Piano Recital: Lise de la Salle
Beethoven / Ligeti / Brahms

Druckerei, Baden/CH, 2016-12-10

3-star rating

2016-12-18 — Original posting

Lise de la Salle (© Lynn Goldsmith)
Lise de la Salle (© Lynn Goldsmith)



The Venue

The venue for this concert was the retired print facility of the local newspaper in Baden, Switzerland—see my earlier concert reports from this venue. In this concert, the venue was filled very well, if not sold out.

The Artist

Lise de la Salle (born 1988 in Cherbourg, France) gave her first concert at age 9. From 1998 on, her key teacher was Pascal Nemirovski (*1962), later, she also studied with Pierre Réach (*1948) and with Bruno Rigutto (*1945) at the Conservatoire national supérieur de musique et de danse de Paris. In 2001, she started touring internationally, as a concert pianist. 2013 / 2014, she was Artist in Residence at the Zurich Opera, where she performed and recorded all works for piano and orchestra by Sergei Rachmaninoff (1873 – 1943) under the direction of Fabio Luisi (*1959). I have attended two of these concerts, one where she performed Rachmaninoff’s Piano Concerto No.2 in C minor, op.18, and a second one where she performed the Piano Concerto No.3 in D minor, op.30 by the same composer.

This was the first concert where I experienced Lise de la Salle in a solo recital. After sitting down at the Steinway B, the pianist started off by giving some brief explanations on the two Beethoven sonatas. Did she do it to establish contact with the audience, to “break the ice”? Or maybe she needed this to “tune herself into the atmosphere in this venue”? Sadly, her words (in English, no microphone) were hardly understandable in the rear parts of the hall.There was a microphone nearby (used by the organizers, as well as for the post-concert interview): I wondered whether she did the explanations spontaneously?

Side-Stepping: An Unused Intro

I originally wrote my German review for Bachtrack under the Title “Nicht ganz wie gedruckt” (“not exactly as printed”), alluding the former designation of the concert venue. However, that title, along with the introduction in the end was discarded, as I needed to shorten my text. Here’s the translation of that introduction anyway, for whatever it is worth:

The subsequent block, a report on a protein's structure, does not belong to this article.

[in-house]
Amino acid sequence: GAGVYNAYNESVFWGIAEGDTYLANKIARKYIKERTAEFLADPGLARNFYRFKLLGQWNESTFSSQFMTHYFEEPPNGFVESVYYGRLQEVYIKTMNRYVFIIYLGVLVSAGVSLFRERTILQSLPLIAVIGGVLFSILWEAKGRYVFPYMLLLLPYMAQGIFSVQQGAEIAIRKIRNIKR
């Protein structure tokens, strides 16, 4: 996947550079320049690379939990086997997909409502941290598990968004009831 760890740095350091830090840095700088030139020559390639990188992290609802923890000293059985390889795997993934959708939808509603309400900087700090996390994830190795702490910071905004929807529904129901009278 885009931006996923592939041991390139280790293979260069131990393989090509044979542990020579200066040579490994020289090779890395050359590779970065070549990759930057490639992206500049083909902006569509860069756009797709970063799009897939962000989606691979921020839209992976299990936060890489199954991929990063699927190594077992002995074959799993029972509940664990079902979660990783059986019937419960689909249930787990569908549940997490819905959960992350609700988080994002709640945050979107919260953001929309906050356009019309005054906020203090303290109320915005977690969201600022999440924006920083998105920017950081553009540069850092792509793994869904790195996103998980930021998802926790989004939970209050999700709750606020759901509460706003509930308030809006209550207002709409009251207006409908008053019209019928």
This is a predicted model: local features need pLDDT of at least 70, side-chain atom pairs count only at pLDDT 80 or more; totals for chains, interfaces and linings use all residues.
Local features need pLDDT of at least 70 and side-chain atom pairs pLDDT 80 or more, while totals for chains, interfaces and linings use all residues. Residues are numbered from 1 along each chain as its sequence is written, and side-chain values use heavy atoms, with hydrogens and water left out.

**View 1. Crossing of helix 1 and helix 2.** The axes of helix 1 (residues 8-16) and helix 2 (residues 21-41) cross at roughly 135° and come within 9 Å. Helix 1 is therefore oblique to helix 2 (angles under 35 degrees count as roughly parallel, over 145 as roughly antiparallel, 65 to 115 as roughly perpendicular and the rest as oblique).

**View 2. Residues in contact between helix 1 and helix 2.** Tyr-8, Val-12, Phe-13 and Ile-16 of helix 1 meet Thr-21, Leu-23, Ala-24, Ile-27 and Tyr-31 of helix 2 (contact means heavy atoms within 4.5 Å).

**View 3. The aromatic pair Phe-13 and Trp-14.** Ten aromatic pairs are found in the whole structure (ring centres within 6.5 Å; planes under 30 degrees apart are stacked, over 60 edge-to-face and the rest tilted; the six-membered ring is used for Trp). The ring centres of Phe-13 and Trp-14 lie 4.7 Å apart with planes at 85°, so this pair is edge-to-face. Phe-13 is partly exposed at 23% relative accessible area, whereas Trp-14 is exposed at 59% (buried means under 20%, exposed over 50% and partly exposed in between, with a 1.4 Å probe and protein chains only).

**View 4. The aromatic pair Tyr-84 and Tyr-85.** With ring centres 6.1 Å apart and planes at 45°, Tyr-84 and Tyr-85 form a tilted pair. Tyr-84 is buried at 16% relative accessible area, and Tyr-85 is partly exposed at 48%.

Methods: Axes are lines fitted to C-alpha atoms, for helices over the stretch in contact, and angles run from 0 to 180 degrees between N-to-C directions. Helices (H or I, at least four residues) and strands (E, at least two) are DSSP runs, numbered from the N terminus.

“Paper is patient”, a German saying goes. This may have been true for the output of the former print shop in this location (the local newspaper). However, now, the venue is a concert hall, and so, the issue no longer is whether the printed score (if printed notation is still used at all) is “right” or not: often enough, composers leave behind a multitude of versions and revisions, such that (often enough) ultimately it is not clear whether the score still reflects the composer’s intent.

In a concert, the question rather is, whether the music played by the musician reflects the “truth”, i.e., the composer’s intent, as much as that can be extracted (or guessed) from the notation. On the other hand, as a reviewer, I’m trying to find out and report whether an artist is playing music such that it “talks” to the audience, hence provoking an emotional response, or an “inner dialog” between the musician (or the music, or the composer) and the recipient. That result (and therefore also my perception of an artist’s playing) always also depends on the emotional state and the receptivity of the listener. This again may be influenced by the live atmosphere, i.e., how the rest of the audience reacts on the artist, and vice versa.

Beethoven: Piano Sonata No.3 in C major, op.2/3

1796, Ludwig van Beethoven (1770 – 1827) published his first three piano sonatas as his second “opus”. The third of these sonatas is the Piano Sonata No.3 in C major, op.2/3, featuring the following movements:

  1. Allegro con brio (4/4)
  2. Adagio (2/4)
  3. Scherzo: Allegro (3/4) — Trio (3/4)
  4. Allegro assai (6/8)

The Performance

I. Allegro con brio

Right from the beginning, I noted Lise de la Salle’s somewhat soft, mellow keyboard touch. In the course of the sonata, this became firmer. However, the first movement felt like constantly alternating between carefully formed details and passages that were played rather superficially. Near the end of the exposition, there is a series of trills with acciaccatura, which Lise de la Salle played strangely detached from the trills, as if they had staccato annotation. I felt that to be somewhat odd—peculiar at the very least.